I promised to follow up on yesterday's amazing news. Dr. Tricot reassures me that my tests confirm there isn't any active myeloma left. Yet I didn't go into our meeting expecting such good news. Late Wednesday night I was able to take a sneak peek at my PET scan results Tuesday. I’m usually pretty good
I'm on my way! Iowa City, here I come. I can't say I'm looking forward to undergoing another bone marrow biopsy (BMB) tomorrow morning, but it shouldn't be a big deal after I down a shot or two of their passion pink, mind numbing elixir; if all goes as planned, I should be feeling no
I'm relieved, disappointed, concerned and overwhelmed--all at the same time. The long awaited meeting with Dr. Tricot yielded a mixed-bag of good and bad news. Bad news: apparently my current therapy combination of Cytoxan, carfilzomib (Kyprolis) and dex (CCd) was not as effective as Dr. Tricot had hoped. He told me so at our early
Think I have an advantage knowing a lot of myeloma specialists? How about the invaluable help I get from our readers? Check-out the sage advice a patient and caregiver from Michigan emailed me on Tuesday: Hi Pat, Using the PET scan to gauge disease progression can be tricky. Our myeloma doctor says that they can
What did my test results show, and what does Dr. Tricot propose we do about it? I'll be honest. There's a reason why doctors prefer to go over test results together, in person. Sitting with Dr. Tricot in Iowa City last week, things didn't seem so bad. He reviewed my test results and instantaneously developed
I'm a lot tougher than I used to be. Tests I've always dreaded don't seem so bad anymore. I'd, like to share a few tips that I find helps make things a bit easier to take. Here’s a quick synopsis of my first day in Iowa. It started at 8:00 AM, with last minute paperwork
More financial complications. Wait until you hear this twisted tale. Two weeks ago I wrote a post about how complicated the financial side of my myeloma therapy can be--especially early in the calendar year: Outdated financial rules could hit me hard in 2015 One of the unexpected benefits of taking pomalidomide: pain from new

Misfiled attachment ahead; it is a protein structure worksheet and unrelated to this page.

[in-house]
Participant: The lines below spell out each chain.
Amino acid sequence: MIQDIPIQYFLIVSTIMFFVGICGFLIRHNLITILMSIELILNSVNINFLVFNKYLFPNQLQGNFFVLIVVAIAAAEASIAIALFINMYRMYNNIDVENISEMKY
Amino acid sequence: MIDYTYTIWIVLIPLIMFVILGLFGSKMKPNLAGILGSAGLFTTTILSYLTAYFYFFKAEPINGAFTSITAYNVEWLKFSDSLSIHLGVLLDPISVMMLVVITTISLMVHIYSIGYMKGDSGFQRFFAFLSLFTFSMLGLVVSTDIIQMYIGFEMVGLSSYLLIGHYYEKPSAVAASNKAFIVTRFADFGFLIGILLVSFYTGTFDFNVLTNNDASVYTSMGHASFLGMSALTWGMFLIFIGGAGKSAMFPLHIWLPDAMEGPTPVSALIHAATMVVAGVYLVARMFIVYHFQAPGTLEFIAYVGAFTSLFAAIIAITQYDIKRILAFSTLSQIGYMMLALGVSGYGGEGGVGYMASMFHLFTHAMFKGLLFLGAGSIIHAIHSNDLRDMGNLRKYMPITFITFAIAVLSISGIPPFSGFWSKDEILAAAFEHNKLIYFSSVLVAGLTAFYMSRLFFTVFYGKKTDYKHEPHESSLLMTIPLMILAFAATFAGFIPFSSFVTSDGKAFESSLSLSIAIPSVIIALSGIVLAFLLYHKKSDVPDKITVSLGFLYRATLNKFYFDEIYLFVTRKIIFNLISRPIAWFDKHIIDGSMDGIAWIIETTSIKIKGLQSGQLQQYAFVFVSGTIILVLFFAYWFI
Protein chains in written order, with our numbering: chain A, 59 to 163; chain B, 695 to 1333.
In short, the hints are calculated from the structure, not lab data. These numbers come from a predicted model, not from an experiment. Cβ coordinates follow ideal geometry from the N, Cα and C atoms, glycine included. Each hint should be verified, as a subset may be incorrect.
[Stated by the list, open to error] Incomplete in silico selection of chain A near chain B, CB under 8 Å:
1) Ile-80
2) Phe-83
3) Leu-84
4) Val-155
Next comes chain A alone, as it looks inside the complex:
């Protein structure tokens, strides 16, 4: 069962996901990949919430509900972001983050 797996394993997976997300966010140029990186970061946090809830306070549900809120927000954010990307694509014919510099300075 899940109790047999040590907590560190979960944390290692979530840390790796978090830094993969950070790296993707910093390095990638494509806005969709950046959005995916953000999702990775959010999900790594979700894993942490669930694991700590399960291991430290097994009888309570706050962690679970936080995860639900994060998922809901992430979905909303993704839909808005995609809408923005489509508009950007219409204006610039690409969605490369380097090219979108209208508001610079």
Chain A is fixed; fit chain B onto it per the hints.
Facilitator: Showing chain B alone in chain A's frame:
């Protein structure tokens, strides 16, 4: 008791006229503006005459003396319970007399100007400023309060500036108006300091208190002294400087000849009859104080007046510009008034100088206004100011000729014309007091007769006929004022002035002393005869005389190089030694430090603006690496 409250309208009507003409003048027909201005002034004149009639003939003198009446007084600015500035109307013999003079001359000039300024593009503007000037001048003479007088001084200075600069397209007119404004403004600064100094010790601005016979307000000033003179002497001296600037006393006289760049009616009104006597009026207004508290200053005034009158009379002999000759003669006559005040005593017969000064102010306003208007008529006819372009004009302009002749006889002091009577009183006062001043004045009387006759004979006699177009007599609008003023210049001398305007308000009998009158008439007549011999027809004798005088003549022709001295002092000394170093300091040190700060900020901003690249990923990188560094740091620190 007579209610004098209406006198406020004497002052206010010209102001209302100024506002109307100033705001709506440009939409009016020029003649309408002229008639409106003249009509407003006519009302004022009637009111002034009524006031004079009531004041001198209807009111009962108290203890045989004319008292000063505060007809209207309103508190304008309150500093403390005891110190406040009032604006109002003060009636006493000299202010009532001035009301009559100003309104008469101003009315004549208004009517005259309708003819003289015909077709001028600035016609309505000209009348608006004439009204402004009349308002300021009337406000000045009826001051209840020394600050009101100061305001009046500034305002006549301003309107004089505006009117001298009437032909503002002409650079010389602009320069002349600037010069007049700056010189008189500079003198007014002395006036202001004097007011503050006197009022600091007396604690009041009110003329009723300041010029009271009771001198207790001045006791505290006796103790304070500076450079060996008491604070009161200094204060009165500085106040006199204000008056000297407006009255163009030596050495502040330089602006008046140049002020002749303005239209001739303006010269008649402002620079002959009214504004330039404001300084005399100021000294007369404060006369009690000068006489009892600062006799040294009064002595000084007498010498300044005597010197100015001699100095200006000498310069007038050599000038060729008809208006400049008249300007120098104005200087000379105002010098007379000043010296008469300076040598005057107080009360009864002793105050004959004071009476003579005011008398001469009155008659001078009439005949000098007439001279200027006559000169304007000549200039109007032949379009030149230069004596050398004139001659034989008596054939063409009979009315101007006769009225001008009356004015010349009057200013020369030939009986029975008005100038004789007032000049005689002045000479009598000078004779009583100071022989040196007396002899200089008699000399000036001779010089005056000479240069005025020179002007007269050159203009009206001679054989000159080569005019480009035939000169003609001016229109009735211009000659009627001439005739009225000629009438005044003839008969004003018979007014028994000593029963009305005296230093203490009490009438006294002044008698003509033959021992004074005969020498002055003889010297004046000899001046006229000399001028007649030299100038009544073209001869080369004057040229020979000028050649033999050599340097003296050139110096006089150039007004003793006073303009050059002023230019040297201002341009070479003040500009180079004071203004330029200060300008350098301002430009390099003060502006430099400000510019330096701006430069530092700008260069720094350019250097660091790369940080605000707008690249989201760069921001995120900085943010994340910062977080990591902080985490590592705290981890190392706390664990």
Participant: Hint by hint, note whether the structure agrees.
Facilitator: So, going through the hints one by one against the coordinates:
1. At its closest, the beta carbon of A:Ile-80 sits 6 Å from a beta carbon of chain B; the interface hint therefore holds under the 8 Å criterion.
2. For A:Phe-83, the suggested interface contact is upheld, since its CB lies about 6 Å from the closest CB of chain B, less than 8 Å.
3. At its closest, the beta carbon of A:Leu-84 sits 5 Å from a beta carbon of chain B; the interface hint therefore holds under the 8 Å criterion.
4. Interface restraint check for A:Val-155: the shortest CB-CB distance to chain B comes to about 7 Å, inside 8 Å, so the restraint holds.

Today's pivotal, life changing meeting? Not so fast! I'm so pleased with Dr. Roy. He's already helped me reconnect with my primary myeloma therapy philosophy: squeeze out every possible day from each drug or drug combination, saving other possibilities for down the road. Dr. Vivek Roy may have been trained in a transplant aggressive style.
Today is myeloma day at the American Society of Clinical Oncology annual meetings in Chicago. There isn't a lot of myeloma related data being presented this year, but the important stuff is out today. Normally I'd be there covering the event. Not this year. I spent today at Mayo Clinic in Jacksonville, Florida. Just finishing
I've written before about how living with multiple myeloma is like having a part time job. Want proof? Check out my schedule for the upcoming week: Today I'll drive an hour down to Tampa for a blood draw, and to pick up 350 pages of medical records to take with me to Mayo Clinic on
My day started early today. Nothing to eat or drink. Stopped by Florida Cancer Specialists for round two of radiation therapy. Then took a short drive to their diagnostics center to prepare for my PET scan. Insurance has signed off so I’m good to go. The tech has just injected radioactive glucose through an IV.
An insert in the Winter 2011 Edition of Cure Magazine offers a simple, yet comprehensive explanation about why multiple myeloma damages your bones. According to medical journalist Laura Beil, “Malignant plasma cells affect the remodeling of bone, causing overproduction of the natural substances that dissolve bone. When plasmacytomas (the scientific term for myeloma related tumors